- Pipelines, flowlines and other production facilities (and associated canals and spoil banks) associated with the development of mineral resources in Louisiana's wetlands have disrupted the natural hydrology, contributed to the impairment of water quality, and have become hazards to navigation in some areas, particularly the Atchafalaya Basin and coastal marshes.  Many of these "facilities" have been abandoned and are eyesores and impediments to the development of natural resource based tourism.

Question.

What are your thoughts on addressing the problem of oilfield trash - abandoned pipelines, flowlines and other production facilities, and will you work with the oil/gas industry, landowners and environmentalists to begin a program of cleaning up this mess in our wetlands?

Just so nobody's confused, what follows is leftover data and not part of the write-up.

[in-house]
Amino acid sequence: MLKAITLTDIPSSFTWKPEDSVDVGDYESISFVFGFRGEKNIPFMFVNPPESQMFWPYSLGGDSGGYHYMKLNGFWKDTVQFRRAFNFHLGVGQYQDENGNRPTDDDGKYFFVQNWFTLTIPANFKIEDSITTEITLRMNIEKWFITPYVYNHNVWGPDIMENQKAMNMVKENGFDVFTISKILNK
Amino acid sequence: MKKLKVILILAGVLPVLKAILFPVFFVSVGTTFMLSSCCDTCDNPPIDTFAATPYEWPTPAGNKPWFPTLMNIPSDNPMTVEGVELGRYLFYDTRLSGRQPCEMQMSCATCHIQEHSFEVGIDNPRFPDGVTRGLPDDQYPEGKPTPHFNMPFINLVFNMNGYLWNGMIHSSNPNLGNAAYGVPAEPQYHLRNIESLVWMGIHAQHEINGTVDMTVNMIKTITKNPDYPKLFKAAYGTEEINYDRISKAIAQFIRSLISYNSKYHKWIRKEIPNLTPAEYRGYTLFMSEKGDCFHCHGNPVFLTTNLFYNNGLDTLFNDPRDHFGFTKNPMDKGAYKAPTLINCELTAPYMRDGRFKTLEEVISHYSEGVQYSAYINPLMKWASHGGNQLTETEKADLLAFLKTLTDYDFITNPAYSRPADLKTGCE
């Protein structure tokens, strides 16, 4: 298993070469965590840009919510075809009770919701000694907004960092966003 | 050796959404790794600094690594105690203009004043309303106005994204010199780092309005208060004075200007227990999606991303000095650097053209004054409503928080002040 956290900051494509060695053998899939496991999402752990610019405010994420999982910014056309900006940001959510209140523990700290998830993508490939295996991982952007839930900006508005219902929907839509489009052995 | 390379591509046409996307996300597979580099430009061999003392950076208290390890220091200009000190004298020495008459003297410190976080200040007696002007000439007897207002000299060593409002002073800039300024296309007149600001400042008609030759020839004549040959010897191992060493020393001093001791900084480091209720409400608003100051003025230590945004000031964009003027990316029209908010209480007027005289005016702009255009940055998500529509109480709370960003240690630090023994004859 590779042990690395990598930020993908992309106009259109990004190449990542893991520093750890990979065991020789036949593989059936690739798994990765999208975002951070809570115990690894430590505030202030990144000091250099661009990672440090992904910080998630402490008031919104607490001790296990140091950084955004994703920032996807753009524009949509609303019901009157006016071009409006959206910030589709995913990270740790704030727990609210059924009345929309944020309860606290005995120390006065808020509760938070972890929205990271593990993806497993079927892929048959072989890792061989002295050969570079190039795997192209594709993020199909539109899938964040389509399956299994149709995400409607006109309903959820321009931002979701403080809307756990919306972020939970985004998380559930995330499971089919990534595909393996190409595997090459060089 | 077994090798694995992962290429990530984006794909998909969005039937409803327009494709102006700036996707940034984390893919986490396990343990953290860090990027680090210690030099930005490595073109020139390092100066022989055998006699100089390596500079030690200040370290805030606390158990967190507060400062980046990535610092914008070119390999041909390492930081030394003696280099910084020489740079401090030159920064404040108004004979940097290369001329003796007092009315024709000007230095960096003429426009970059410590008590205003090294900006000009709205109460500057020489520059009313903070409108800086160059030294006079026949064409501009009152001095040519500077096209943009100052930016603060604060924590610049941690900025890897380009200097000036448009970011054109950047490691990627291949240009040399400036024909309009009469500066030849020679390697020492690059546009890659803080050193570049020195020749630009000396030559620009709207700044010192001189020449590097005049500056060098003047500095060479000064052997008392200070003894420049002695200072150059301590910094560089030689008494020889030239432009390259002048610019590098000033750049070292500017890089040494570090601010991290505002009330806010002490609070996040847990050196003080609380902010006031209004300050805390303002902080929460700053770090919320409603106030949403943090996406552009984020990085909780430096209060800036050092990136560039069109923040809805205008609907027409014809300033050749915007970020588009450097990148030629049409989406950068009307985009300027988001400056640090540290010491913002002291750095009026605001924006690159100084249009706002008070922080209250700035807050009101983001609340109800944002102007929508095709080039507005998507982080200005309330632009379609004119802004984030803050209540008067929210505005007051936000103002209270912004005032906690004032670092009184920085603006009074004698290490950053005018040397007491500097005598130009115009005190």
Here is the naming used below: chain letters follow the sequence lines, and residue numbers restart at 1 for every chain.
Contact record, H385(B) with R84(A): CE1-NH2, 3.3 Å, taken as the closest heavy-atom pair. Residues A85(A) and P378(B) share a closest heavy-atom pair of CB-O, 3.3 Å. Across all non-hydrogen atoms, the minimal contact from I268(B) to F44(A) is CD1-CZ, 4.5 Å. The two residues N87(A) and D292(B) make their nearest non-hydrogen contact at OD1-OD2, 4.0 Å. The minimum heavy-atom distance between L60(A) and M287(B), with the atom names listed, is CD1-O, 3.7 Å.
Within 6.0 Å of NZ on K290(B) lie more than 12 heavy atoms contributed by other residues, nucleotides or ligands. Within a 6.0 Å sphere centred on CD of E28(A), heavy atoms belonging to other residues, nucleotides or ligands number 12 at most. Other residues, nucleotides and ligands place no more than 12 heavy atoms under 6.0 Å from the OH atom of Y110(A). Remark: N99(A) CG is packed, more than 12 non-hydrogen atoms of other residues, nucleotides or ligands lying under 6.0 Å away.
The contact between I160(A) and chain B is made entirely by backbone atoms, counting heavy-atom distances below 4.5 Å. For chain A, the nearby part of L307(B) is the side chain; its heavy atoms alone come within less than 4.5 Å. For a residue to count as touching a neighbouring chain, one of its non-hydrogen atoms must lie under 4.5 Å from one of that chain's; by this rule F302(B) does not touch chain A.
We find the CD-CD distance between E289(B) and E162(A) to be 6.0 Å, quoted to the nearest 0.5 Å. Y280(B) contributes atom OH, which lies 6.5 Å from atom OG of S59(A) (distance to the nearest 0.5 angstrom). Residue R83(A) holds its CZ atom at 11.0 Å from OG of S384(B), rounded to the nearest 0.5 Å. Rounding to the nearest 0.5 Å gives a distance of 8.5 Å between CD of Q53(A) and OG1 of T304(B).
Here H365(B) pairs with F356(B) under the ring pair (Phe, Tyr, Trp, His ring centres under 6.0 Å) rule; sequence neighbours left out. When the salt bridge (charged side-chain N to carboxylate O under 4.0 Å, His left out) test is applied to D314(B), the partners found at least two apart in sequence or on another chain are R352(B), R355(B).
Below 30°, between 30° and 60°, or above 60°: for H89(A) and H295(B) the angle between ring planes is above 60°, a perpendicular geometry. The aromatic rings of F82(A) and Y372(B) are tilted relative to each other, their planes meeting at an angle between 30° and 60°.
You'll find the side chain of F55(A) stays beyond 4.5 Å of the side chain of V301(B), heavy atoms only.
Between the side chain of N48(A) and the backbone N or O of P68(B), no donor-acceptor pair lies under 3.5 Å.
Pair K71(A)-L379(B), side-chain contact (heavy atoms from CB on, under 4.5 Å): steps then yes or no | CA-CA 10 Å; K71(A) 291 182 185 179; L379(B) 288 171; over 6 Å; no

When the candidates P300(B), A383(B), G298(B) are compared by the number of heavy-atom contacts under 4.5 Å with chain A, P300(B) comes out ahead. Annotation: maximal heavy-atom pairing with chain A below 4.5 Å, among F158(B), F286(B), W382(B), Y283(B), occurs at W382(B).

Answer: The very successful Oilfield Site Restoration Program (OSRP) within the Department of Natural Resources provides a model on which to base a larger oilfield cleanup and beautification program that addresses pipes, tank batteries and other structures that are no longer in use, that need maintenance, that are a hazard or present a threat to the environment.  The OSRP was created by statute and is funded with the consent and support of the industry through an assessment on production.  The development of any such program will require the participation and support of the energy development industry.  It should give priority to cleaning up public lands and waters, particularly in heavily used and wildlife rich areas of the state like the Atchafalaya Basin. The Governor's office will convene a conference of industry representatives and other stakeholders to explore the creation of an oilfield cleanup program and follow up with the introduction of legislation based on consensus that emerges from the conference.